This assignment was to write a story about anything but a hospital using ten words that describe, or are normally associated with, hospitals. I have underlined the words I used.
This story is based on a scene from Fiennes’ film Onegin.
Quietly, fearfully, she walked towards the lake. The trees, rising on either side of the path she followed, cast blue shadows over her white face. She pulled her shawl closer around her shoulders, shivering more from fear than cold, and slowed her walk. She was near the edge of the woods. A barbed needle of dread pricked her heart as her wide eyes traveled over the sloping lawn at the lakeside and the pier that ran out over the mist-covered waters. Four men stood upon the far end. Reflected back from the sterile gray mist that blanketed the water, a cold light gleamed from the hands of two of them. Light shining off the muzzles of two loaded pistols.
She started, and stepping behind a tree, looked on in terror as the men with the pistols turned their backs on each other and walked to opposite ends of the pier. Their companions, acting as seconds to the duel, carefully measured off the distance with slow paces, pausing to give instructions and encouragement to the duelers. Harsh wires of alarm sprang alive in the young woman’s mind. Her thoughts raced, frantic. No! Dueling – he’ll be killed, I know it – Olga – what will I tell her – Evgeny can’t – Evgeny! Here her mind stopped abruptly, and her gray eyes fixed immovably on the figure farthest to the right. …He wouldn’t…
Dimly she saw the two duelers salute each other and take their stances, separated by a mist of hesitation, regret, and incomplete anger. Faintly she heard the whistle blown by one of the seconds. She watched two pairs of hands cock the pistols as though from a world away. Slowly the muzzles were lowered, until they pointed their cruel, unflinching mouths towards each other. The men began to advance. With increasing horror the young woman, scarcely more than a child, tore her eyes away from the firm, unwavering, yet regret-filled figure on the right and flew to the other man. He stood trembling, terrified and unresolved. His steps wavered and he paused, still far from his opponent, whose firm, sure steps halted as well. No.
He would not do it. She knew he would not do it. Evgeny could not be so cruel. Those kind, handsome dark eyes could not harbor such unfeeling disregard for his friend. His friend! Those two, the duelers, had stood in comradeship not many days before. What had happened? One dance, that was all. Why had Evgeny done it? She could not understand. How could he, the man she loved, dare to cause such pain in his friend? How could he dare to dance with Olga while her lover watched, jealousy blossoming in his heart? If He killed him, if Evgeny killed Vladimir…He would not. He could not. Impossible. He would lower the gun, any moment now. He would realize the stupidity, apologize, make Vladimir understand. It was only one dance…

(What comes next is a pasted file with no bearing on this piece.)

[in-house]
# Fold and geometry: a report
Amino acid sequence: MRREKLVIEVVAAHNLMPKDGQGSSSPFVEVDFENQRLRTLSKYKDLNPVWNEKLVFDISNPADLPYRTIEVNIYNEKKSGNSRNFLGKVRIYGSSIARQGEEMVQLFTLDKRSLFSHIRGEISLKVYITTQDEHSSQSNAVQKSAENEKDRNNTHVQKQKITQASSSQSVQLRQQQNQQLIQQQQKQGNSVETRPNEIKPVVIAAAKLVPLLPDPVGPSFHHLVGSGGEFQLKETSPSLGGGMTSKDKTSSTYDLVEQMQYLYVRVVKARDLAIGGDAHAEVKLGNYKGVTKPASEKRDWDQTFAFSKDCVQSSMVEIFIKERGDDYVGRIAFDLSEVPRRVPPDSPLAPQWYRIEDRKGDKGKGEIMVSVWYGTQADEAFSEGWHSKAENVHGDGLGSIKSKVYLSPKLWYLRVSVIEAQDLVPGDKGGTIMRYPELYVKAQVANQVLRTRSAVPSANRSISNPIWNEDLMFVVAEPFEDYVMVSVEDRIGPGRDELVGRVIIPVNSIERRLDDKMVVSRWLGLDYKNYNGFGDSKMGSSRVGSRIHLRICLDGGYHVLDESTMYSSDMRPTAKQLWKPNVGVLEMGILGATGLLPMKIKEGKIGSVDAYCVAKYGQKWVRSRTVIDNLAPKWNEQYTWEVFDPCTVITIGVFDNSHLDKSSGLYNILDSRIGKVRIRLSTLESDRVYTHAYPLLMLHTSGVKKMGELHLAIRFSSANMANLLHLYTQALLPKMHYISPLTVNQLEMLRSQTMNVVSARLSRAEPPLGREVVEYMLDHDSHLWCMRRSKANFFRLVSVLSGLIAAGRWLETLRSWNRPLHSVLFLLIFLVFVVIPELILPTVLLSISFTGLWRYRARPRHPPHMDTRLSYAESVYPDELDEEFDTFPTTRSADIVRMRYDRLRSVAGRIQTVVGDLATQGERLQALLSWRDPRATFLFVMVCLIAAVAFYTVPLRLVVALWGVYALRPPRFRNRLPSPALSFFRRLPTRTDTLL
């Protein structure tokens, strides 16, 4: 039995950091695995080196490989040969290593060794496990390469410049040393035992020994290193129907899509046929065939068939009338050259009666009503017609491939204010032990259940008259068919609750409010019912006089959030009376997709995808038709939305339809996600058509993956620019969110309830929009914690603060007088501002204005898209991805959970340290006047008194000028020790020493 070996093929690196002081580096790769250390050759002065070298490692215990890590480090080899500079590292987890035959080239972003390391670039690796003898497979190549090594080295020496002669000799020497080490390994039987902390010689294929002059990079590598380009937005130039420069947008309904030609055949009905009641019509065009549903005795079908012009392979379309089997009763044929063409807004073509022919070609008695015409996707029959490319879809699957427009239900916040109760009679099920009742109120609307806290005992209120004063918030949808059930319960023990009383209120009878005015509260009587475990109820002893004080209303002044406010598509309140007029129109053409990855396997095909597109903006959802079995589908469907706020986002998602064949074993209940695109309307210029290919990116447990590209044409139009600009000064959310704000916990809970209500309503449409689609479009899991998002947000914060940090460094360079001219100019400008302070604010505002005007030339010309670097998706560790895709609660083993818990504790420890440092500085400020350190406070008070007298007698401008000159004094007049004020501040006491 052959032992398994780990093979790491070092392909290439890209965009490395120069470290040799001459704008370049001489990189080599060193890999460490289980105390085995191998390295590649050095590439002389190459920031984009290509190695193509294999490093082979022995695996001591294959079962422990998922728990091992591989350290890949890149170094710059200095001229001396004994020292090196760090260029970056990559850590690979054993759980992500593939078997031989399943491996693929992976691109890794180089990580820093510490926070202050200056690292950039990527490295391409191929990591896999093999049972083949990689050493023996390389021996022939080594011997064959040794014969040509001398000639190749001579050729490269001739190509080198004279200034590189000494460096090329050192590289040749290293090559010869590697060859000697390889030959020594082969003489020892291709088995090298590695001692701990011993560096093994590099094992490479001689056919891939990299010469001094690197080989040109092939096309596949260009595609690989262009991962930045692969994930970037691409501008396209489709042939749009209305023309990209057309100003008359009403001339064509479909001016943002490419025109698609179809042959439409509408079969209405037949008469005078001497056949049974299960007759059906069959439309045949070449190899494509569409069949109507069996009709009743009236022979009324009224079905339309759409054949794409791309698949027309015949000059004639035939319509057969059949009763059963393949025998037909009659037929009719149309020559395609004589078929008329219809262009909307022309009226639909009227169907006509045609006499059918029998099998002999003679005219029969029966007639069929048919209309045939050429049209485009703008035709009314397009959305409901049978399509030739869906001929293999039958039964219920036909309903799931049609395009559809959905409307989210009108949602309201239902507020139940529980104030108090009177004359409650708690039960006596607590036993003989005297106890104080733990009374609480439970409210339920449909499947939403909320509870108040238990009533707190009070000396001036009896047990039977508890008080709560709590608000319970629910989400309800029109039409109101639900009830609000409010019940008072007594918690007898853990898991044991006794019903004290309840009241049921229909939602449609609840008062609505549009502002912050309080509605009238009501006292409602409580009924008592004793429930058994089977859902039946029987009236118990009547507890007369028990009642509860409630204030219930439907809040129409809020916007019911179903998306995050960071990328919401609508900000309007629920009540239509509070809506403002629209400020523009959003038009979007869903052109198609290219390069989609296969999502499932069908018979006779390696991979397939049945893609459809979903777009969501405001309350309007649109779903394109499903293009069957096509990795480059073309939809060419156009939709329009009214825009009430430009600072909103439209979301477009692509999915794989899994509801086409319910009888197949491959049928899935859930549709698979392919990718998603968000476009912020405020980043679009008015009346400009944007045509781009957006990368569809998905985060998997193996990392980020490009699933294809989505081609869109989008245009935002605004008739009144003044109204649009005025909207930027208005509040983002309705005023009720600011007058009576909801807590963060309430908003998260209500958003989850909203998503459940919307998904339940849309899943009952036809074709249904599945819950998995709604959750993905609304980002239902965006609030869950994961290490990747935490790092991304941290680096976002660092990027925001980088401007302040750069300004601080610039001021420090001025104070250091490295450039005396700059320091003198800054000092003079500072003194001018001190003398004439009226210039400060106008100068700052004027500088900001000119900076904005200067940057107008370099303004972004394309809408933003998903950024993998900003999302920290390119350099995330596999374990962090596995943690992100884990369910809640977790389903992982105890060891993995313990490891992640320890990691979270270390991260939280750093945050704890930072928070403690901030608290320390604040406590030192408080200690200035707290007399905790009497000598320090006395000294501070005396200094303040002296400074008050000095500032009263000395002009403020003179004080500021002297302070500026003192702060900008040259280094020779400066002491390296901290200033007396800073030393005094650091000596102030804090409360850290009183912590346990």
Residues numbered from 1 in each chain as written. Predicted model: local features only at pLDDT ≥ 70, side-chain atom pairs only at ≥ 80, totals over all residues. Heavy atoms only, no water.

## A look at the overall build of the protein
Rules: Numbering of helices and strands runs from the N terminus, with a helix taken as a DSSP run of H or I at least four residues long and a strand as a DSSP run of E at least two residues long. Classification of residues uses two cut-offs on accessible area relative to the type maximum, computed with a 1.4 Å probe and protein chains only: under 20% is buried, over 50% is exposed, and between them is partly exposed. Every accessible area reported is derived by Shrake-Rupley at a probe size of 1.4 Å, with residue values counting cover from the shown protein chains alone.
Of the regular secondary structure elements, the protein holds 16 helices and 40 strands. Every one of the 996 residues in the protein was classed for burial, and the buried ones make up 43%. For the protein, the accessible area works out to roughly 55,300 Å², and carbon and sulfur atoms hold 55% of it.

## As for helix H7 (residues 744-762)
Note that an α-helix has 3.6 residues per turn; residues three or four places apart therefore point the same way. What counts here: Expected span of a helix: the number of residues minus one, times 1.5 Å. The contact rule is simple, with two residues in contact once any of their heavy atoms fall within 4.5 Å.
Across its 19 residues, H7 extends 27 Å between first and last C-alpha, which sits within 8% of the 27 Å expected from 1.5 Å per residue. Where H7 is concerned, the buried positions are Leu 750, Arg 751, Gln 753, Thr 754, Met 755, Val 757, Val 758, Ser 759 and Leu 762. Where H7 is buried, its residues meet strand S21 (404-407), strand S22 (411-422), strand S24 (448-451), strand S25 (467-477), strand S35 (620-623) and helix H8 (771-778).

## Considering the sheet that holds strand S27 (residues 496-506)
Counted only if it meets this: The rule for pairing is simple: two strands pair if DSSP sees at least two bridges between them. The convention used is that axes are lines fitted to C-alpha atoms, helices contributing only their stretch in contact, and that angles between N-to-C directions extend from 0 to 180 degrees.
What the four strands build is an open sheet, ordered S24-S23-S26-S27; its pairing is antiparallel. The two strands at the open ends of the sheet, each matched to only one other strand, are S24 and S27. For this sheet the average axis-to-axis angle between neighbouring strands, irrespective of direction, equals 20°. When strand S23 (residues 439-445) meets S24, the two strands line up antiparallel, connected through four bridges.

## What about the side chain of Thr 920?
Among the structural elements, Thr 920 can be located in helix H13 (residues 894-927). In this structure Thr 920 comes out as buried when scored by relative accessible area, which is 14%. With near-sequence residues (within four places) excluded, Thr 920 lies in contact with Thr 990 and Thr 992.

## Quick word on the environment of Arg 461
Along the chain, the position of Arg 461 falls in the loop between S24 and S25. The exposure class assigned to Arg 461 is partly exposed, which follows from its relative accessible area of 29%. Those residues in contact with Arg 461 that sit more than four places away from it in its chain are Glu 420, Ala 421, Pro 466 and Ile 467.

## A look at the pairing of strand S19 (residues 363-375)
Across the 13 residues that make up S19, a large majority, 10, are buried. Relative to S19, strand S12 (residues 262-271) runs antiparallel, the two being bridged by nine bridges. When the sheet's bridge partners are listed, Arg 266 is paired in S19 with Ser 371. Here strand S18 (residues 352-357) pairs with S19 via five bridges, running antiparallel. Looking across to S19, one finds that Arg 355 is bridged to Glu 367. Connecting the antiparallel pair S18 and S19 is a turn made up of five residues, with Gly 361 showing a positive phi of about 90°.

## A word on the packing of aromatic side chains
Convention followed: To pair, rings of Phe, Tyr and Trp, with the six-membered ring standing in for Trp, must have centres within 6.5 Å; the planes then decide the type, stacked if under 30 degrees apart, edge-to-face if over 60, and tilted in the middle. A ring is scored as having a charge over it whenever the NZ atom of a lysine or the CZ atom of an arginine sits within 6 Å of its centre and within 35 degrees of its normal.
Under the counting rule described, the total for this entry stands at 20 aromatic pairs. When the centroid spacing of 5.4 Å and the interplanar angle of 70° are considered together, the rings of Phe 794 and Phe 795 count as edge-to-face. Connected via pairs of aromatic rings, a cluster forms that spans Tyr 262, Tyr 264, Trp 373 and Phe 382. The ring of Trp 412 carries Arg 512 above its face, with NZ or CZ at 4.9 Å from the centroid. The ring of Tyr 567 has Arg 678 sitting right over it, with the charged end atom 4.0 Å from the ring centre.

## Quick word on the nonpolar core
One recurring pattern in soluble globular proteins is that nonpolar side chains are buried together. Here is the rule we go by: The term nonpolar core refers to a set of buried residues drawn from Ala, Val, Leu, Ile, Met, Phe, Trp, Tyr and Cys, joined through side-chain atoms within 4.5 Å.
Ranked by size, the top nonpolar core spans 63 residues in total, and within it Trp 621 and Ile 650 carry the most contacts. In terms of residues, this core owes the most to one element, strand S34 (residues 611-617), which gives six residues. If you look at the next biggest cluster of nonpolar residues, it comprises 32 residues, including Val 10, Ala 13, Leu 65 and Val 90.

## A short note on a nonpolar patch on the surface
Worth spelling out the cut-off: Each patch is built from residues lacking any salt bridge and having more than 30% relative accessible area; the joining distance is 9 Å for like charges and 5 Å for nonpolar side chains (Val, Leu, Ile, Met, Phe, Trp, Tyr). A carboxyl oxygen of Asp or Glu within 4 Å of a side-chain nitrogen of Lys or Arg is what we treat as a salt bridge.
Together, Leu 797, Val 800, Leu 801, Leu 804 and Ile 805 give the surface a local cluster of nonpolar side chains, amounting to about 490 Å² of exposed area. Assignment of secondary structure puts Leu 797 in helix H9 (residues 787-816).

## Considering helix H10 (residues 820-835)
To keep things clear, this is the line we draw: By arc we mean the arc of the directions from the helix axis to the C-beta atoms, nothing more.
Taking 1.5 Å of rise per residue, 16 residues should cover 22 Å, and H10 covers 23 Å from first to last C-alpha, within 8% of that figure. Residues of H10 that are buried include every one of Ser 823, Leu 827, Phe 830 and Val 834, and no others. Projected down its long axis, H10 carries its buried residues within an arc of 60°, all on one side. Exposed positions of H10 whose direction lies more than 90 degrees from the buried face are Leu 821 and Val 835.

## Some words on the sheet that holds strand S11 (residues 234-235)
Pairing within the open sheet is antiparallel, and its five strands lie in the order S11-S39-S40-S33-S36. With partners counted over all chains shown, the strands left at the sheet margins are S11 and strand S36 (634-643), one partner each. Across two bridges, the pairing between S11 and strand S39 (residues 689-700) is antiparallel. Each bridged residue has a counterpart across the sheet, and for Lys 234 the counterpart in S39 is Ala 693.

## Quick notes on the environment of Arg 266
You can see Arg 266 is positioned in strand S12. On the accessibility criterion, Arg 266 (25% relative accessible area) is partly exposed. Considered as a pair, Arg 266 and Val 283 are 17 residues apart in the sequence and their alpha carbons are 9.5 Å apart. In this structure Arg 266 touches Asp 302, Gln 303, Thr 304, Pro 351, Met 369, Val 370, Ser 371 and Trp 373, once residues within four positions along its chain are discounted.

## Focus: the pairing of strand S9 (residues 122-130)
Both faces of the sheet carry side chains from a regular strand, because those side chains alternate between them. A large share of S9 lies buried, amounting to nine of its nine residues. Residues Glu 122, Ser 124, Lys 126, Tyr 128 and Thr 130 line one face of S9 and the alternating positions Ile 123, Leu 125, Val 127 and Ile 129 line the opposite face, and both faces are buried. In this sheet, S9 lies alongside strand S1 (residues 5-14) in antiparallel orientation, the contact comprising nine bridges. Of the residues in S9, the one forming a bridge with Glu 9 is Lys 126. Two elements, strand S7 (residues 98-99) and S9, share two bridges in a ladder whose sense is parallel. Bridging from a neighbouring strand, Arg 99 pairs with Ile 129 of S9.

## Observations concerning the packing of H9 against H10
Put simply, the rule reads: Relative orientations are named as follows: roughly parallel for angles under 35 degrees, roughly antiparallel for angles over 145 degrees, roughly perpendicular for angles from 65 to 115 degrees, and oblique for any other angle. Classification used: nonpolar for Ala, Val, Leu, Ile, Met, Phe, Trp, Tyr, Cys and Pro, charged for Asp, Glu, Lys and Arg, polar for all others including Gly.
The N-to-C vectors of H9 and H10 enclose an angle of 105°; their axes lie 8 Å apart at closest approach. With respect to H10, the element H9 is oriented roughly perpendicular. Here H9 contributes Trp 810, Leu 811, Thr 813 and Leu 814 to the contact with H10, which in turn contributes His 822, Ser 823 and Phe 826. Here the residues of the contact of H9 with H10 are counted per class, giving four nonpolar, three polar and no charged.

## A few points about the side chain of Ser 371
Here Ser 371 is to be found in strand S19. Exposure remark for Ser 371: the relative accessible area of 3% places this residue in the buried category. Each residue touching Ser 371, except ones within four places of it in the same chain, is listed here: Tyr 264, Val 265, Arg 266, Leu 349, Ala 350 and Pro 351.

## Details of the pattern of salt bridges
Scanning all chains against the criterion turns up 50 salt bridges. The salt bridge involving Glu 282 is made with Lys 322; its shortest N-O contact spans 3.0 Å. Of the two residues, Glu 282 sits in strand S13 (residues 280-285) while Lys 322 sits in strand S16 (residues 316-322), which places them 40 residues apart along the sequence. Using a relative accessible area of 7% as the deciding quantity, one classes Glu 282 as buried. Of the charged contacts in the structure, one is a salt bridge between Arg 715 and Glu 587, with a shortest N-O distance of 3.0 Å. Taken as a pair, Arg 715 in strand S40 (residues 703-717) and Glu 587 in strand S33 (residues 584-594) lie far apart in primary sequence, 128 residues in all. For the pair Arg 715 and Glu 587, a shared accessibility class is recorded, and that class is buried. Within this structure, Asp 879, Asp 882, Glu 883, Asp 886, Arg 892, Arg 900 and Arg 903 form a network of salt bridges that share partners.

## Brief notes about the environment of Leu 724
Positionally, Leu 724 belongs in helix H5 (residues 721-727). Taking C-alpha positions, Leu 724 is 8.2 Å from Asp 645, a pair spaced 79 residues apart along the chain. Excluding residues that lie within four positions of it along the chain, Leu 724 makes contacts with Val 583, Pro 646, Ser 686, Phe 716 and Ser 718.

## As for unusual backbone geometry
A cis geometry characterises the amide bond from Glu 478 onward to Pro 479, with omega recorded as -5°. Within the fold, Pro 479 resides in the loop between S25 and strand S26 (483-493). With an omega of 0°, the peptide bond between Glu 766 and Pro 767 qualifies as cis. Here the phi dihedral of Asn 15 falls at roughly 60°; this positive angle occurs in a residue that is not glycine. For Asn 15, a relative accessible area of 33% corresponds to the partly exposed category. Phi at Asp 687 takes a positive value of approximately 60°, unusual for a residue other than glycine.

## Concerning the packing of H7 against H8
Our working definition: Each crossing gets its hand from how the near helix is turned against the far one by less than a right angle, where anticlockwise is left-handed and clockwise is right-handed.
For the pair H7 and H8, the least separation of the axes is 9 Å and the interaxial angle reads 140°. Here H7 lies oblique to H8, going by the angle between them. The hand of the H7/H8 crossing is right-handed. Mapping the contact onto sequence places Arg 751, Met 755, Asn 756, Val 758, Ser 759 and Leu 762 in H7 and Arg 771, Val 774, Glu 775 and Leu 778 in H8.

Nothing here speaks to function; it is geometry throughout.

She watched, frozen in place, torn between love and revulsion. She could see Vladimir’s pistol shaking in his hand. Her thoughts jumped in her head. No, Vladimir! No! Don’t kill him…you cannot kill him. Why? The hesitation in Vladimir’s eyes gave way to forced resolution. His shuddering hand squeezed the pistol. The young woman hid her face in her shawl. Evgeny’s eyes narrowed.
A gunshot ricocheted across the lake, bouncing cruelly in the misty silence. She screamed, but no one heard. Vladimir stood, shock, shame, and repentance written across his face. Evgeny blinked. The shot had gone wide. The young woman collapsed against the tree, sure of Evgeny’s response. He will end it now. Put away the gun… The duelers stood motionless on the pier.
The lines of Evgeny’s gentle face grew hard as stone. His eyes lost their warmth and became cold as ice. A burning rage covered the regret in his form. He raised his pistol and stepped forward. Vladimir’s eyes filled with confusion, but he did not flinch. Staring into the face of his opponent, Evgeny pulled the trigger.
The young woman ran as though her heart were on fire, back towards the house. Her shawl snagged on a branch and fell from her shoulders. She did not notice. She hardly realized where she was. She reeled, staggering with shock, her world broken by what she had seen. Blood, washing the pier, pouring into the lake – Death – He’s dead. He killed him. Evgeny – Evgeny, what have you done – A doctor – no, too late. I saw him fall. Vladimir – Olga! Dead, Olga, he’s dead. Cruel Evgeny, you liar! You were his friend – friend – does it mean nothing to you? Friendship, love, do you have a heart? Have I been deceived? Why, why, why – Blood – a lake of blood – I loved you. Never. I hate you Evgeny, I hate you! I cannot hate you. Never, ever come back. Coward, cruel, heartless! Evgeny, how could you?
Back in the house. Sobbing, screaming, shaking. Olga confused, unregistering. But I saw it, I saw it, he’s dead. Dead! Evgeny killed him, killed his friend, killed Vladimir. Killed your love, Olga. Killed your heart! Don’t you understand what this means?
Olga sank, rigid with grief. The young woman screamed, again and again, not comprehending the tears that poured down her face. Evgeny, her Evgeny, a killer. A wound so deep no medicine could heal it opened in her breast. With time her tears would dry, her horror pass, her confusion fade…but now, before her eyes, a lake of blood thrashed in stormy winds. A man, firm of step and proud of bearing, stood upon the waters, pistol raised high in triumphant cruelty. Her broken heart sank beneath his feet.